Authors: Laura Bates*, University of Auckland, Robin Kearns, University of Auckland, Penelope Carroll, Massey University, Karen Witten, Massey University
Keywords: Disability, social inclusion, wheelchair basketball, New Zealand
Session Type: Paper
Start / End Time: 10:00 AM / 11:40 AM
Room: Estherwood, Sheraton, 4th Floor
Presentation File: No File Uploaded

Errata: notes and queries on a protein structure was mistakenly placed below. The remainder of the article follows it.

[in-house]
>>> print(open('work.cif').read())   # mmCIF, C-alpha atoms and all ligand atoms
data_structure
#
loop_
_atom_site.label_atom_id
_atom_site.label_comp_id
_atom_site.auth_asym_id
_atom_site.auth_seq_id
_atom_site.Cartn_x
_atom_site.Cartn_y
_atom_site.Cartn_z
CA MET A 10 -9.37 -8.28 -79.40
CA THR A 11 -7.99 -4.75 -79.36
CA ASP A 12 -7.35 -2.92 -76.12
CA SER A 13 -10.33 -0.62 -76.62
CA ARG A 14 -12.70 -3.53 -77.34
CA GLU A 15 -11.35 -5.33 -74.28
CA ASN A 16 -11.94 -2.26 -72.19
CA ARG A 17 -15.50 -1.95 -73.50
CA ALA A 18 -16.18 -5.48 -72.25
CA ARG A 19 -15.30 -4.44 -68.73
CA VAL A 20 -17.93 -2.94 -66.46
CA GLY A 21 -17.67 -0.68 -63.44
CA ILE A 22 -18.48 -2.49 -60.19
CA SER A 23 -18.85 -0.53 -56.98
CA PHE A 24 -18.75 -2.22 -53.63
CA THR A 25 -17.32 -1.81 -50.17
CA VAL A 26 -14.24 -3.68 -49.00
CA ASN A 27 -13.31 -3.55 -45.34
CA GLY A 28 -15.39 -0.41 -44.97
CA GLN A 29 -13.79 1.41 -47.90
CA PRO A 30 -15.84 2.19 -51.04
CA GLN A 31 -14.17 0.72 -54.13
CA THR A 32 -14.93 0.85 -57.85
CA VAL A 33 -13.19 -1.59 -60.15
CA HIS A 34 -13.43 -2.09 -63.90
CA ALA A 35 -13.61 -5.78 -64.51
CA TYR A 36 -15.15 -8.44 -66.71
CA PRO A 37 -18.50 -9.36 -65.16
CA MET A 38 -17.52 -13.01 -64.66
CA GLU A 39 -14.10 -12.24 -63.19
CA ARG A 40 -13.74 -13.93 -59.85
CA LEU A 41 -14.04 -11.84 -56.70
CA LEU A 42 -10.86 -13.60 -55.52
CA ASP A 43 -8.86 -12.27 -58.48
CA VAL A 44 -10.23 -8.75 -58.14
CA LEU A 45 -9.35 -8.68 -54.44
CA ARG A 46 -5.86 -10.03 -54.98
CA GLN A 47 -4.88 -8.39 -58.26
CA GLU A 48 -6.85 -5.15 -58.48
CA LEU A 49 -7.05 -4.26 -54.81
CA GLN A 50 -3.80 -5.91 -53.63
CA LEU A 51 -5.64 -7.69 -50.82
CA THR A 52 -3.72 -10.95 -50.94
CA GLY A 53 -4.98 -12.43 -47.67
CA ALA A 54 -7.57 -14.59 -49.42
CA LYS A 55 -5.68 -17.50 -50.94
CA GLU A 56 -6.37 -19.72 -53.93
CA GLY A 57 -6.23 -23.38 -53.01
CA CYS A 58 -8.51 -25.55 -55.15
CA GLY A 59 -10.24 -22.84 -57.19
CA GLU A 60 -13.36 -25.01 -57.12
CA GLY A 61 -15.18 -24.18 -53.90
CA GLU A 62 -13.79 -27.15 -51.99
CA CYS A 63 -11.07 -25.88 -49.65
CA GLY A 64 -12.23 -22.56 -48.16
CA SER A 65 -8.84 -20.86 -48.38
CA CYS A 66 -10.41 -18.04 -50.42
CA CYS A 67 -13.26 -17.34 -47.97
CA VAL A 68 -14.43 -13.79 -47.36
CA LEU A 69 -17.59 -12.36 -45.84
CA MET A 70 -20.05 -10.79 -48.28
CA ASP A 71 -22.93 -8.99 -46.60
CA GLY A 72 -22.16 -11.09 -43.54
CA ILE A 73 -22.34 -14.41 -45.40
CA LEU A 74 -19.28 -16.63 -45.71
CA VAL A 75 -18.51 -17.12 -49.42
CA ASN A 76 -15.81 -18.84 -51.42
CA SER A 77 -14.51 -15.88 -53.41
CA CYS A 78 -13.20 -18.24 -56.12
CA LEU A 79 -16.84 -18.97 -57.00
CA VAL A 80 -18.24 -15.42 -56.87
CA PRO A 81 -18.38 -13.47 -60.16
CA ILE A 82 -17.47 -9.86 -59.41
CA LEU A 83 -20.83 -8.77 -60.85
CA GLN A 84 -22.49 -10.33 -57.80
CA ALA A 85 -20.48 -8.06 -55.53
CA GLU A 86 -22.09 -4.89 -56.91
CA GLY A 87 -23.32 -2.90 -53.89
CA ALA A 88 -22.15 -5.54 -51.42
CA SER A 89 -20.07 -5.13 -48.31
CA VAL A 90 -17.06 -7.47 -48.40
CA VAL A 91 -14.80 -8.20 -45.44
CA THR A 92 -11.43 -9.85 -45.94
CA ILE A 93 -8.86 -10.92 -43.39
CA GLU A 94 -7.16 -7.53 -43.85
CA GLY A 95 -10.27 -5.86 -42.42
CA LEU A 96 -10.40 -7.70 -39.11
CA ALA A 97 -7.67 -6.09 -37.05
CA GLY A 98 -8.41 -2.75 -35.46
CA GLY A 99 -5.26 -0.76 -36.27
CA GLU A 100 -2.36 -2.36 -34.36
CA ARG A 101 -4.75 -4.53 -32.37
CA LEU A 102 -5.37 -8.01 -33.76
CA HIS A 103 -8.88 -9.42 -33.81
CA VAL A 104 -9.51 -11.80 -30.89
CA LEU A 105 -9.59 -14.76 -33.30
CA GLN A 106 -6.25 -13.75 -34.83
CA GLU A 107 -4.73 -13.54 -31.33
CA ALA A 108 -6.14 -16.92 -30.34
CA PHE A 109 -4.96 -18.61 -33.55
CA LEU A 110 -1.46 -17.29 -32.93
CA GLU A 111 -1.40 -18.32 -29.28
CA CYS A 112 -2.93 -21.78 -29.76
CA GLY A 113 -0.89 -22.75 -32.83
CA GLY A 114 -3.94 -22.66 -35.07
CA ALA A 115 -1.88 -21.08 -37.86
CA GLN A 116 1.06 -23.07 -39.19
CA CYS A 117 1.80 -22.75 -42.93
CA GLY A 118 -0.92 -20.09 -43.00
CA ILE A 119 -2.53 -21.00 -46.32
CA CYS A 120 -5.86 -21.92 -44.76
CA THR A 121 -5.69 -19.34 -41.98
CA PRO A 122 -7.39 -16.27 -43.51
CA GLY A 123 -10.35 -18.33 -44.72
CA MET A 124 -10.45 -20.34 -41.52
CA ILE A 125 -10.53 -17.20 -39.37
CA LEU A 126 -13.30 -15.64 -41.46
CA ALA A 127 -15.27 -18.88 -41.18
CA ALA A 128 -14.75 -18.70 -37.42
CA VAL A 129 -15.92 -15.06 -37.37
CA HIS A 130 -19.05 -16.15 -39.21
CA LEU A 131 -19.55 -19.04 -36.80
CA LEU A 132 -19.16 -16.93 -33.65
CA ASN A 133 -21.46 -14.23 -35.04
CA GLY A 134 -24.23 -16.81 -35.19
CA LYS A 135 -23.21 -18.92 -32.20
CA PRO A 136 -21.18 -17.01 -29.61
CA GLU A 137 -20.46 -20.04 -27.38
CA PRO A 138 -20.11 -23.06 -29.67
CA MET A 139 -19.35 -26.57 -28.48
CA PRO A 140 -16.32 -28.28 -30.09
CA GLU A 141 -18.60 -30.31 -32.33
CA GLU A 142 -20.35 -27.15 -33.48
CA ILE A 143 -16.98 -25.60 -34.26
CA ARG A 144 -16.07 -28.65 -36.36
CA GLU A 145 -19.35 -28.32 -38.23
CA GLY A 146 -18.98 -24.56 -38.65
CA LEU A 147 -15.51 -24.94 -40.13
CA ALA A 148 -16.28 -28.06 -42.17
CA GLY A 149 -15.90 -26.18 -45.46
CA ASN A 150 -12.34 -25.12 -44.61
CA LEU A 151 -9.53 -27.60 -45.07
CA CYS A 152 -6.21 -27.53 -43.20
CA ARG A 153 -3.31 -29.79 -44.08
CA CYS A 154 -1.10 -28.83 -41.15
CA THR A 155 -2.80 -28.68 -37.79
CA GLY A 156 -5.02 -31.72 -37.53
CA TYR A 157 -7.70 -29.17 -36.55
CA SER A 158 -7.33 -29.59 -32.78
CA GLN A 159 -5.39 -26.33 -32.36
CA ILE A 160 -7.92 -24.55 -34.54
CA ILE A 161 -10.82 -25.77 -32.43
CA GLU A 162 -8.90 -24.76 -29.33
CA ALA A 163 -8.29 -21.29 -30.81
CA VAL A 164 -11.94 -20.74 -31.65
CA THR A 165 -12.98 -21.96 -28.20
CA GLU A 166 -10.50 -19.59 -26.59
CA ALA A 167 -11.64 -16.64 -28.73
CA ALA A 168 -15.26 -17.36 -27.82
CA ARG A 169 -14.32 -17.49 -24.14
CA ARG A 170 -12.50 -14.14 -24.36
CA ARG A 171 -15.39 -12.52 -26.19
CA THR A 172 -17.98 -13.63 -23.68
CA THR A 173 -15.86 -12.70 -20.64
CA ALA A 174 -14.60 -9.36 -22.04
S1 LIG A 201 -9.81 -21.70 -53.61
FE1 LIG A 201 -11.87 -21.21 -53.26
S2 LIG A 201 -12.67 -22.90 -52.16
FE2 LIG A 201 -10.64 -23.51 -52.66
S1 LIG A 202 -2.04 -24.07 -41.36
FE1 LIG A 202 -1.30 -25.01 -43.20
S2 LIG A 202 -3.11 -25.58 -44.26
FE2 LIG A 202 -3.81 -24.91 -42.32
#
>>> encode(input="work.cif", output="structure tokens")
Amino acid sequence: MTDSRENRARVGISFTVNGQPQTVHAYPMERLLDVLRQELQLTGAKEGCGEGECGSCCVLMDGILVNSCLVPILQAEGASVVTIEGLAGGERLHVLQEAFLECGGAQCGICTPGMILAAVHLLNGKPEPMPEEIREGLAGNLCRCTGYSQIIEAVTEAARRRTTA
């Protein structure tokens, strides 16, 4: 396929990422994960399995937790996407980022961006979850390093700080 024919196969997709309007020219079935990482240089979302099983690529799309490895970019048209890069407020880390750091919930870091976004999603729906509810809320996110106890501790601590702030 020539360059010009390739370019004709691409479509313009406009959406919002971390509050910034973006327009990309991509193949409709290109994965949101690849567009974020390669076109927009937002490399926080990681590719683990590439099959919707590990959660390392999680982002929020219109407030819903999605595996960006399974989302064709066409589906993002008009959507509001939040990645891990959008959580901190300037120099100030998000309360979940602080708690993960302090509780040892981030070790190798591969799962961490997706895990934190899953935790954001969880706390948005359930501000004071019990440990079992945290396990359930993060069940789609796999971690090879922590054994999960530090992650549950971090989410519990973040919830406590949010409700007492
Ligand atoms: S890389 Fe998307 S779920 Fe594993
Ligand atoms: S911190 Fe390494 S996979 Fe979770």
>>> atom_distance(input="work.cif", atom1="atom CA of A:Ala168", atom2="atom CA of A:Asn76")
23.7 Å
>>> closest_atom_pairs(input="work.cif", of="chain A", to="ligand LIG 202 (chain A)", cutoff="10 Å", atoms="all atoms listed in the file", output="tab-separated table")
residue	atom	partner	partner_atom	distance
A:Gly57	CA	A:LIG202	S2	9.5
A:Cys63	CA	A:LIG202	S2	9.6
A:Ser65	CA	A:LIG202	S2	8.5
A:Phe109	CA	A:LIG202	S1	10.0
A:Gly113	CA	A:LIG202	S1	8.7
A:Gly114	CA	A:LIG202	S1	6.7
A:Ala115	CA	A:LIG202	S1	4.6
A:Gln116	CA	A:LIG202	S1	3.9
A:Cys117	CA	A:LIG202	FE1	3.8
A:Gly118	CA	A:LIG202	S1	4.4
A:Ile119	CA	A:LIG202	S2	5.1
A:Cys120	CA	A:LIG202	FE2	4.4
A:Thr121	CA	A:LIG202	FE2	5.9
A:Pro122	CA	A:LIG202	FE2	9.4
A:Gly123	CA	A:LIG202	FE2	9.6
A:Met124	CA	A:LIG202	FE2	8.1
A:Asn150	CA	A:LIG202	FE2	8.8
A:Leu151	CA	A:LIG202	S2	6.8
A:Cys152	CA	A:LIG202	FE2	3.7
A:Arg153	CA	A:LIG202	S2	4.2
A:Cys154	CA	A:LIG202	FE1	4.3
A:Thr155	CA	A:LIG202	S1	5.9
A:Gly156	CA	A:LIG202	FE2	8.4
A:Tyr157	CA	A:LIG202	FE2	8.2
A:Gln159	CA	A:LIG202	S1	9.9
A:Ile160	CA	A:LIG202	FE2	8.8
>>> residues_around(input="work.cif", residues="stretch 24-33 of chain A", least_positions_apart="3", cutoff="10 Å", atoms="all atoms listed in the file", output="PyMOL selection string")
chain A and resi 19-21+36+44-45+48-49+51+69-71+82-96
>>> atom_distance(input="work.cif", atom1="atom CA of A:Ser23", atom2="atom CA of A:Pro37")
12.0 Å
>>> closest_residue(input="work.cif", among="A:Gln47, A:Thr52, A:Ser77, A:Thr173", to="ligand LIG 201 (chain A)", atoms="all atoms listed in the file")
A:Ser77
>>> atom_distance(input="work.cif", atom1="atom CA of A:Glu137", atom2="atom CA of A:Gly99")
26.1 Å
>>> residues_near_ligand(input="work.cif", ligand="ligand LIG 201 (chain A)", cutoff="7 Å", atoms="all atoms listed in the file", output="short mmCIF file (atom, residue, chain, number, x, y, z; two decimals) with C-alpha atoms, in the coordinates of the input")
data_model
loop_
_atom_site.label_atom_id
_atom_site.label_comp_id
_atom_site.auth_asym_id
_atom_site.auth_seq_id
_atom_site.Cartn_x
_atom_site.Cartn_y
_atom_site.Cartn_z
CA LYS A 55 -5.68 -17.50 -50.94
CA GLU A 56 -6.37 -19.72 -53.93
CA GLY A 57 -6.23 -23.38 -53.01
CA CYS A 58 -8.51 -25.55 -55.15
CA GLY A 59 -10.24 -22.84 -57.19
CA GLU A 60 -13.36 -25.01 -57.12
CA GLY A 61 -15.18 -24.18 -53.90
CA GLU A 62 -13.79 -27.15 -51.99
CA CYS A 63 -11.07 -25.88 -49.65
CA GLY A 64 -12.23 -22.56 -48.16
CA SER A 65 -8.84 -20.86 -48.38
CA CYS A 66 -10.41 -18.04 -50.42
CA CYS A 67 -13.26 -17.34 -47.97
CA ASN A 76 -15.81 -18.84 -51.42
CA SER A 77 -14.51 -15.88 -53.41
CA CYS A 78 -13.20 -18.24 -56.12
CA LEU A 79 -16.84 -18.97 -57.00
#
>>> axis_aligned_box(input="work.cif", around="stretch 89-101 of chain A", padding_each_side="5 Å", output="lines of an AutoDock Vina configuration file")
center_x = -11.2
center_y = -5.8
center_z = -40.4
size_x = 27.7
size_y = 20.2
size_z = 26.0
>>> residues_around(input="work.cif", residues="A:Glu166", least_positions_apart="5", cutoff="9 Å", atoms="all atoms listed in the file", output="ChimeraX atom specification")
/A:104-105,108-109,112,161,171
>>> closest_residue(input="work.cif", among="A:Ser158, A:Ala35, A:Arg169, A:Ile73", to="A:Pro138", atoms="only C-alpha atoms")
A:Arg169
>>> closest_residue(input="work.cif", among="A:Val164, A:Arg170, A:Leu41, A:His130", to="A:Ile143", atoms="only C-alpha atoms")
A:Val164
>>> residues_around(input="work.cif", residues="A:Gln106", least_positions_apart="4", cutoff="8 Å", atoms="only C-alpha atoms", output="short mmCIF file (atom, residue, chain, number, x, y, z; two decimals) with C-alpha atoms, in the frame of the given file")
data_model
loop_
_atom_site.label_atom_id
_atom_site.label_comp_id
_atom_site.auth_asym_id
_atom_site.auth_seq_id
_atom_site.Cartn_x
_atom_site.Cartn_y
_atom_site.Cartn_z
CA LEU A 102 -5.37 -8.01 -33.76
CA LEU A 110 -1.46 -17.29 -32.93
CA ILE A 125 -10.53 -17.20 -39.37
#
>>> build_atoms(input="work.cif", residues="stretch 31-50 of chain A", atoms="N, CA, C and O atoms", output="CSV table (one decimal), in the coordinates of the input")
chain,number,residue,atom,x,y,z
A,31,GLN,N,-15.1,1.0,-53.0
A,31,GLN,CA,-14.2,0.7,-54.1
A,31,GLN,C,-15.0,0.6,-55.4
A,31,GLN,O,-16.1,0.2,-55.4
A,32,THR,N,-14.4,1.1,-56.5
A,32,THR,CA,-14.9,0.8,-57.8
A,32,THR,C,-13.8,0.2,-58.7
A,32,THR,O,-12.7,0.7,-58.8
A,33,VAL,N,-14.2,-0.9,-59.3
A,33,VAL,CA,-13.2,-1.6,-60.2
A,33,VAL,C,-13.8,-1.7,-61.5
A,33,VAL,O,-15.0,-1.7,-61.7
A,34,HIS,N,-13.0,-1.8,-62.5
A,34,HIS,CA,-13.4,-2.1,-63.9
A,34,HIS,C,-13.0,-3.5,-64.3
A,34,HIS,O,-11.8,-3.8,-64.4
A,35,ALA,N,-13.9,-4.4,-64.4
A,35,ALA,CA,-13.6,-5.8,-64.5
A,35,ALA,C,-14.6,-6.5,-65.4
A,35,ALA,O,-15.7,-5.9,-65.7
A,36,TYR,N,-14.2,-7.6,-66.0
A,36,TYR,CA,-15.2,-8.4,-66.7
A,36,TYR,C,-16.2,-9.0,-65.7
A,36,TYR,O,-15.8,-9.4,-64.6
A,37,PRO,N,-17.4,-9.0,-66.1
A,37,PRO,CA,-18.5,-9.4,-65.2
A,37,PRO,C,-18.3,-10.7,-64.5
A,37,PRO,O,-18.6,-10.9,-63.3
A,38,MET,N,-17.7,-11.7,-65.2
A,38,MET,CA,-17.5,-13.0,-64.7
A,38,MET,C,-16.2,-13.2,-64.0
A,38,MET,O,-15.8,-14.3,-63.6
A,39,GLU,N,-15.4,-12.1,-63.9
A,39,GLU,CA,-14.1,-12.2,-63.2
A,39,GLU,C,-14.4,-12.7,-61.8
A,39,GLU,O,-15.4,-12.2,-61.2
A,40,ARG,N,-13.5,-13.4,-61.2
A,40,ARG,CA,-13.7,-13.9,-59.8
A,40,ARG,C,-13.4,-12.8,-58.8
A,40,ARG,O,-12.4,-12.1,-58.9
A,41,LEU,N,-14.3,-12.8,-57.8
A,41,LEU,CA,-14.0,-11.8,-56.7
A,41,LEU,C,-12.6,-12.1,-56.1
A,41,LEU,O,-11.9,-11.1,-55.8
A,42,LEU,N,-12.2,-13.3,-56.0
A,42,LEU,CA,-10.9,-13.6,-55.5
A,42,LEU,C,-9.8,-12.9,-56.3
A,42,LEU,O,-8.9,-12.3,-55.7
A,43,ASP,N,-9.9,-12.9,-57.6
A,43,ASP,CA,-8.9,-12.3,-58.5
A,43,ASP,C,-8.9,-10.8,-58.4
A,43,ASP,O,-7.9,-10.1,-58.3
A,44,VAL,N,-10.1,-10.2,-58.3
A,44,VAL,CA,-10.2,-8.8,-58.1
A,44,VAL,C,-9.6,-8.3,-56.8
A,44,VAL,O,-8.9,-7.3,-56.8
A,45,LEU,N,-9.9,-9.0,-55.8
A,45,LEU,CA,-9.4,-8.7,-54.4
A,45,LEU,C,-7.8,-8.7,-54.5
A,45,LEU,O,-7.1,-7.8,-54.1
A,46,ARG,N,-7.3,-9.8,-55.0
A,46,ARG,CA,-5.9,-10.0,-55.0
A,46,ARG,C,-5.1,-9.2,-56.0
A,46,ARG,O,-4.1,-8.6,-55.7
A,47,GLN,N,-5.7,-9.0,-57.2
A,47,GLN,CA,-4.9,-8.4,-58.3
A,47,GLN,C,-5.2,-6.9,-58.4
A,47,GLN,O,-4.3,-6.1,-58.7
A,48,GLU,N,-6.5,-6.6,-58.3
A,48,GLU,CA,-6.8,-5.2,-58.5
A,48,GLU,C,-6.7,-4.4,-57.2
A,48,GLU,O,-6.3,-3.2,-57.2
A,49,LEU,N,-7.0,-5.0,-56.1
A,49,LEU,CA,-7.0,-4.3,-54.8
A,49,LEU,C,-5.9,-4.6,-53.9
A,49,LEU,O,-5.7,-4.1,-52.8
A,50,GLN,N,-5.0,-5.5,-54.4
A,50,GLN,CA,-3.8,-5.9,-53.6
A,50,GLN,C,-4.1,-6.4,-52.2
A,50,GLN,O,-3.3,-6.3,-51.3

Concerns for disabled people’s participation and social inclusion in a range of life contexts are heightened for disabled young people, who are often marginalised on the basis of both their age and their disability. This paper investigates disabled young people’s participation and inclusion in places of recreational sports. We focus on a case study of the Auckland WheelStarz, New Zealand’s only youth-specific wheelchair basketball team. We situate the study at the intersection of geographies of disabilities and geographies of sports. It adopts a methodological approach aligned with the social model of disability, including semi-structured interviews with team members and team coordinators. Interviewees identified a number of challenges faced by young wheelchair basketball participants, as well as those associated with the provision of youth-oriented sports opportunities. Team members and coordinators also indicated that wheelchair basketball can have positive implications for disabled young people’s place-based experiences of participation and sense of belonging. Results highlight the need for greater societal awareness, acceptance and facilitation of opportunities for disabled young people to participate fully in recreational sports places and activities and, by extension, to enhance their overall wellbeing. The study allows us to conceptualise the potential for ‘adaptive’ sports to enable disabled young people’s social inclusion in daily life and in spaces offside/outside of the basketball court and recreation centre. We conclude that youth-specific, inclusive sports opportunities can play an important role in ensuring social inclusion of/for disabled young people.